Young UK feminists armed with tweets and jokesBy Judith Evans
LONDON – A new wave of feminism has taken hold in Britain this year: young, irreverent, and fuelled by social media.
Three online projects founded in 2012 – a website for submitting experiences of sexism, a campaign against topless women in newspapers and a blog satirising women’s portrayal in the media— have won tens of thousands of supporters.
They have earned national press coverage and admiration from veteran feminists who thought their cause had faded into the background.
“Initially we just made it for our friends and we didn’t really think that it would take off,” said Rhiannon Coslett, 25, a co-founder of the Vagenda blog.
She and Holly Baxter, 23, impoverished flatmates who had studied together, started the blog after a wine-soaked evening ridiculing women’s magazines.
It went viral on its first day with a post of “Stock Photos Of Women Looking Remorseful After Sexual Encounters”.
Nine months later, the Vagenda has 30,000 readers each day, while the two have given up their day jobs and have a book deal.
Last week they were among 600 people at a London theatre for an anti-sexism stand-up comedy night on the 42nd anniversary of Page Three, the page dedicated to topless models in Rupert Murdoch’s tabloid newspaper The Sun.
The audience was treated to a “feminist burlesque” and a rap history of feminism, while comedian Viv Groskop pointed out that with 26,241 female nipples having appeared in The Sun to date – the odd number explained by glamour model Melinda Messenger having once posed with her hand covering one breast— “it’s kind of not really news”.
Behind the event was a campaign called No More Page 3, which is pushing The Sun to remove the feature, and Everyday Sexism, which compiles accounts of discrimination and harassment. Both were started this year.
More than 57,000 people have signed the No More Page 3 petition, while 11,000 submissions have been made to the Everyday Sexism website and Twitter feed.
Comedian Lucy Porter told the audience how she was groped by a well-known colleague in the 1990s, “in an era when you were told to laugh things off”.
“If it happened now I could tweet about it,” she added.
Young feminists credit social media with bringing people together and creating space for views that might be mocked elsewhere.
“We get a lot of messages from teenage girls who come from small towns and feel like they’re the only feminist in the village,” said Coslett.
Everyday Sexism founder Laura Bates, 26, said: “I think women feel a real sense of relief about being able to talk about these things and be taken seriously.
“A disabled girl wrote that since she was seven she’d had constant jibes about women driving as she moved around in her mobility scooter, and a woman in her 90s wrote to say exactly the same thing.”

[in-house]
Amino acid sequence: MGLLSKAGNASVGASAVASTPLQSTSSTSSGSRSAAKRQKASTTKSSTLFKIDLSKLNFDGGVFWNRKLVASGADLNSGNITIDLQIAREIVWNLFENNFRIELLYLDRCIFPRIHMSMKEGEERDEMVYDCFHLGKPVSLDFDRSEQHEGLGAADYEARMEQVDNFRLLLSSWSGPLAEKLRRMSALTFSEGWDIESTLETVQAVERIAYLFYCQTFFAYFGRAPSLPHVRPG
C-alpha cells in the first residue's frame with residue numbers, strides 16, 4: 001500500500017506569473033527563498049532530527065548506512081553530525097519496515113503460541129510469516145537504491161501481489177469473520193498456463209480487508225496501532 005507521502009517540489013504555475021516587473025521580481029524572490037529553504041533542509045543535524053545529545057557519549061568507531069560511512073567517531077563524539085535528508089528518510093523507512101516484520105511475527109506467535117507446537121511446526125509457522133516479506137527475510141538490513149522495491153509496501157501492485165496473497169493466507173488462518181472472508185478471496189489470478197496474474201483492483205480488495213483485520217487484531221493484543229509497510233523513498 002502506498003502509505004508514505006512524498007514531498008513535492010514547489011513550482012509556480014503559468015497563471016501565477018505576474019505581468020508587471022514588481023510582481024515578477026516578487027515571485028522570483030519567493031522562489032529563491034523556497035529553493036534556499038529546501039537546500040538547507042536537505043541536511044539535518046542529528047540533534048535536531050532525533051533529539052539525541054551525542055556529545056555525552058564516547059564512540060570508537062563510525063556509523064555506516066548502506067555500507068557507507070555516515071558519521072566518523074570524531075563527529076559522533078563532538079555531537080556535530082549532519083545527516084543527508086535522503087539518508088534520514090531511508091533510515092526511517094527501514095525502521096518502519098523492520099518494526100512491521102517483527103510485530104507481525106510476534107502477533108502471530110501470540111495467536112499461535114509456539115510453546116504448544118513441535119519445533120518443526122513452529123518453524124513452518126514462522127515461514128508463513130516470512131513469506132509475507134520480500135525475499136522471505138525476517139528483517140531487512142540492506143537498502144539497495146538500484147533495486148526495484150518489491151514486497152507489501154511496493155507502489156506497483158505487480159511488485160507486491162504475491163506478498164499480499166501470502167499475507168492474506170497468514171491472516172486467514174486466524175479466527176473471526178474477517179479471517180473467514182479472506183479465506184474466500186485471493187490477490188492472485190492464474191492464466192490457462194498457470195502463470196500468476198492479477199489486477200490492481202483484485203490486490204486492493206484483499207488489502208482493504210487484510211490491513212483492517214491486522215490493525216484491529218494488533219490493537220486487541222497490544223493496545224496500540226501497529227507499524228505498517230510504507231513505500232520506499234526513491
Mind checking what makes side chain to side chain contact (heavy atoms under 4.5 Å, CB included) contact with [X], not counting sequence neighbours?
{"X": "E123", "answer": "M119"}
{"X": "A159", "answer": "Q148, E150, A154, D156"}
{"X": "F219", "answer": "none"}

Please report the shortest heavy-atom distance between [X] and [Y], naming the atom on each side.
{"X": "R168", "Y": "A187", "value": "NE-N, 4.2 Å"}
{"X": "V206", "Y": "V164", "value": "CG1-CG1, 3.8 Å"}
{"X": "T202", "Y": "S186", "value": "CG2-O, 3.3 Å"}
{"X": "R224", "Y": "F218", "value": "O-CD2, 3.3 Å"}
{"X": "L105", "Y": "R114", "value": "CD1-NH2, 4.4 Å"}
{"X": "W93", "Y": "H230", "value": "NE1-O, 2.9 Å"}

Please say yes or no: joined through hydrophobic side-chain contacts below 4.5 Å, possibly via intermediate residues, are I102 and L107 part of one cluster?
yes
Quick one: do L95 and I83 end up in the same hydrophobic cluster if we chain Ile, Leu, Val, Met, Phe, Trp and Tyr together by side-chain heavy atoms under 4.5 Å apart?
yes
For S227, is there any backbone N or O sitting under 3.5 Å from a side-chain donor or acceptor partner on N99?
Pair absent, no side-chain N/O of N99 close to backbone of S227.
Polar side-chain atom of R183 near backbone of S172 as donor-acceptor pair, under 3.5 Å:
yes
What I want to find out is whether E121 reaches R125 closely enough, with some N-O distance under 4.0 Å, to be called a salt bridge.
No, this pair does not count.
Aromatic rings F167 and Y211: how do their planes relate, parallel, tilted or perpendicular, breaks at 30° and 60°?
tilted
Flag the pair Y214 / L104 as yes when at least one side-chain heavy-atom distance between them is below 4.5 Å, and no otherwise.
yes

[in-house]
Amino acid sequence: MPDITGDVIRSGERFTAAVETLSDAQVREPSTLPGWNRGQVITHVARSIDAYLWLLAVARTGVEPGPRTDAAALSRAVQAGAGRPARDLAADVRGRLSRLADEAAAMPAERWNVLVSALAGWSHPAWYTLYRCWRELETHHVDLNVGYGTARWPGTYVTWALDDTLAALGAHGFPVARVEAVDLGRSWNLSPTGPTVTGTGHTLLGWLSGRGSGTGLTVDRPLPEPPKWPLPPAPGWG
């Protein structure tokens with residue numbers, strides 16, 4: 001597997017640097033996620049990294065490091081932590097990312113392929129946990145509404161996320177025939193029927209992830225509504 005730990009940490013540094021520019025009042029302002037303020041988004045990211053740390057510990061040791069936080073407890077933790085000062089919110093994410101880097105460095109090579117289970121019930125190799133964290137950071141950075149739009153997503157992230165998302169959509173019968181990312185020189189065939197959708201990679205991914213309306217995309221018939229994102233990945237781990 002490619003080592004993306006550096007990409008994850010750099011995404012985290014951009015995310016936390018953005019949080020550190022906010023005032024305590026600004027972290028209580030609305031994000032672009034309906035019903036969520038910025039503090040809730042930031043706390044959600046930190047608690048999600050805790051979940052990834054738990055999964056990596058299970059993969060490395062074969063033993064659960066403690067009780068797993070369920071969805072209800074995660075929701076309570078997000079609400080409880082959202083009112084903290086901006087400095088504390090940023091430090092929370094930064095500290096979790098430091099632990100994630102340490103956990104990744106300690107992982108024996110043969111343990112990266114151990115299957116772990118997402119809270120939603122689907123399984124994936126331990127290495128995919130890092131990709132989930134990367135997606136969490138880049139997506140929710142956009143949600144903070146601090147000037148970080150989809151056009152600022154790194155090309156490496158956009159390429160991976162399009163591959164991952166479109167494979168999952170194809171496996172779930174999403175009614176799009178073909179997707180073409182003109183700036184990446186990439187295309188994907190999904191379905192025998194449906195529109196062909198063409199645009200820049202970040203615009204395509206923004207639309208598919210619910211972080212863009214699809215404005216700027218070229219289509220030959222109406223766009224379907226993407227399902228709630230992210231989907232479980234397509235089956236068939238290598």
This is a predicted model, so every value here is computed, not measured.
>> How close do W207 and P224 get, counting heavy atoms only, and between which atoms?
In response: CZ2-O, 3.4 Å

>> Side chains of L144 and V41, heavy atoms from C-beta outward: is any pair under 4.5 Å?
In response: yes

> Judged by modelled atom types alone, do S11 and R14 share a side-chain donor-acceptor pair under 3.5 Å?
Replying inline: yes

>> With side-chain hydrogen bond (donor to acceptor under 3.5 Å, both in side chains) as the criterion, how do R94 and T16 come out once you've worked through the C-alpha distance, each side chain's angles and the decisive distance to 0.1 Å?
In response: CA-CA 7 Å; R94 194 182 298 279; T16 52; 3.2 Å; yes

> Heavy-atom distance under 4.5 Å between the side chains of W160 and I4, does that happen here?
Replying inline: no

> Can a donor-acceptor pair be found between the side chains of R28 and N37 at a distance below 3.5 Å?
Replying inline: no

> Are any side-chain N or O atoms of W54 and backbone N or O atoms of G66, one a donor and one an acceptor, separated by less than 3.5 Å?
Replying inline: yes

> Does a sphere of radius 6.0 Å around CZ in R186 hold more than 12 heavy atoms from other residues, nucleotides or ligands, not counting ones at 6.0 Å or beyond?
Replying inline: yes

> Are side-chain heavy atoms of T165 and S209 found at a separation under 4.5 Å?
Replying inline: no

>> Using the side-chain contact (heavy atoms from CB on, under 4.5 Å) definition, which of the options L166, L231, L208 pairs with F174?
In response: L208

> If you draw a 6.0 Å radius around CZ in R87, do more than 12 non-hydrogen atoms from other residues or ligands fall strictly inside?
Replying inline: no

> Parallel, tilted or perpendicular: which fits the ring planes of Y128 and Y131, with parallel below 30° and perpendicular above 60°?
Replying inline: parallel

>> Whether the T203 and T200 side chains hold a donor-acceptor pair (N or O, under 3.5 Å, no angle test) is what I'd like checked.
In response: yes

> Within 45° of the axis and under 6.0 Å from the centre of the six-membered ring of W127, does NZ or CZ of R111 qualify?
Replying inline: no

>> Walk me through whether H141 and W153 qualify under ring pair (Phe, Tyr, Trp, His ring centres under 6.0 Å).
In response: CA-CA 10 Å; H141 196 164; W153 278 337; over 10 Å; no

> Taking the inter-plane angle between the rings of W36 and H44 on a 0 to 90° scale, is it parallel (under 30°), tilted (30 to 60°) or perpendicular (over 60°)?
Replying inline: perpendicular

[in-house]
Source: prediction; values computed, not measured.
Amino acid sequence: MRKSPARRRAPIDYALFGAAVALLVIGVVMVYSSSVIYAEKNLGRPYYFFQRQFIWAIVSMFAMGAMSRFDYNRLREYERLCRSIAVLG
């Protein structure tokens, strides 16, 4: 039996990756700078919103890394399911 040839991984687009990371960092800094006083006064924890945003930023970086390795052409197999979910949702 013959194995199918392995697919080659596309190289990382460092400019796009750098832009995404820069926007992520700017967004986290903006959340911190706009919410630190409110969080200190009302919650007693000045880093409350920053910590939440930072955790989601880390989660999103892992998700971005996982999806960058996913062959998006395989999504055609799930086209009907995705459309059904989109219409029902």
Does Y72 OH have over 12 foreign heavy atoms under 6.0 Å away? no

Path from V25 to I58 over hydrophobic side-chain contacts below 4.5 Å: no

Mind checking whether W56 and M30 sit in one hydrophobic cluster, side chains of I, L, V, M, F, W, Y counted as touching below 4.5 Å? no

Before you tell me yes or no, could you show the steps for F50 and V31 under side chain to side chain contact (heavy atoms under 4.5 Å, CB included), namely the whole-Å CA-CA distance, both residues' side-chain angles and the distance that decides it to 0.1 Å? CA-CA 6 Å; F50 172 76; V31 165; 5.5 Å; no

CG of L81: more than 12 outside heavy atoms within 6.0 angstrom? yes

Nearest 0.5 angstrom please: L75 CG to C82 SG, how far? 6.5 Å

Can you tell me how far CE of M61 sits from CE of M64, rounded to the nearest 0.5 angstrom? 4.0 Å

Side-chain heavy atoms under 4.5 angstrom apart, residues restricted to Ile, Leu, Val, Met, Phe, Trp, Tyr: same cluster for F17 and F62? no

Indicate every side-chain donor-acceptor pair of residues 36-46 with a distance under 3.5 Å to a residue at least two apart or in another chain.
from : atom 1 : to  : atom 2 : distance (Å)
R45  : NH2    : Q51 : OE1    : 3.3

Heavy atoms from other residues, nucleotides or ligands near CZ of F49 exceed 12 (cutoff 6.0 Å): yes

Natasha Walter, the 45-year-old author of “Living Dolls: The Return of Sexism”, wrote in the Times this month: “It’s fantastic to see how these online communities have breathed life into struggles we thought were over.”
Despite huge advances in the 20th century, British women are underrepresented in politics and business, while earning about ten percent less than men. Campaigners also speak of a pervasive culture of sexism.
Yet so far this century, feminism has been a minority pursuit.
“We have always felt a bit reluctant to wholeheartedly jump in with the feminist movement that exists on the Internet, because I think a lot of it can be quite alienating to young women— it’s very academic, it’s theoretical, a lot of it’s really angry, it’s extremely po-faced,” said Coslett.
She credits Caitlin Moran, whose book “How to be a Woman” – part comic autobiography, part polemic – became a bestseller this year, with reaching “thousands and thousands of women who wouldn’t call themselves feminists”.
Women’s rights campaigners still face hostility, especially online: when Bates set up Everyday Sexism she received hundreds of abusive messages a day, culminating in specific threats that led her to call police.
But the site has now drawn numerous submissions from men angered by the experiences of women close to them, while others say the site has made them re-examine their own behavior.
Lucy Anne Holmes, 36, founder of No More Page 3, finds women and men keen to join her battle against the topless photo that is “the largest female image in the country’s best-selling newspaper”.
When No More Page 3 held a protest outside News International, the Murdoch subsidiary which publishes The Sun, the company called the police— who arrived and promptly signed the petition.
Neither the Vagenda writers, nor Holmes and Bates, were involved with activism before this year, but all say there is much more to be done.
“A mum wrote in to say her little girl had asked if she could be turned into a boy so that she could go into space,” Bates said.
“As long as even one little girl is growing up thinking she has to change who she is to be what she wants to be, the fight isn’t over.”
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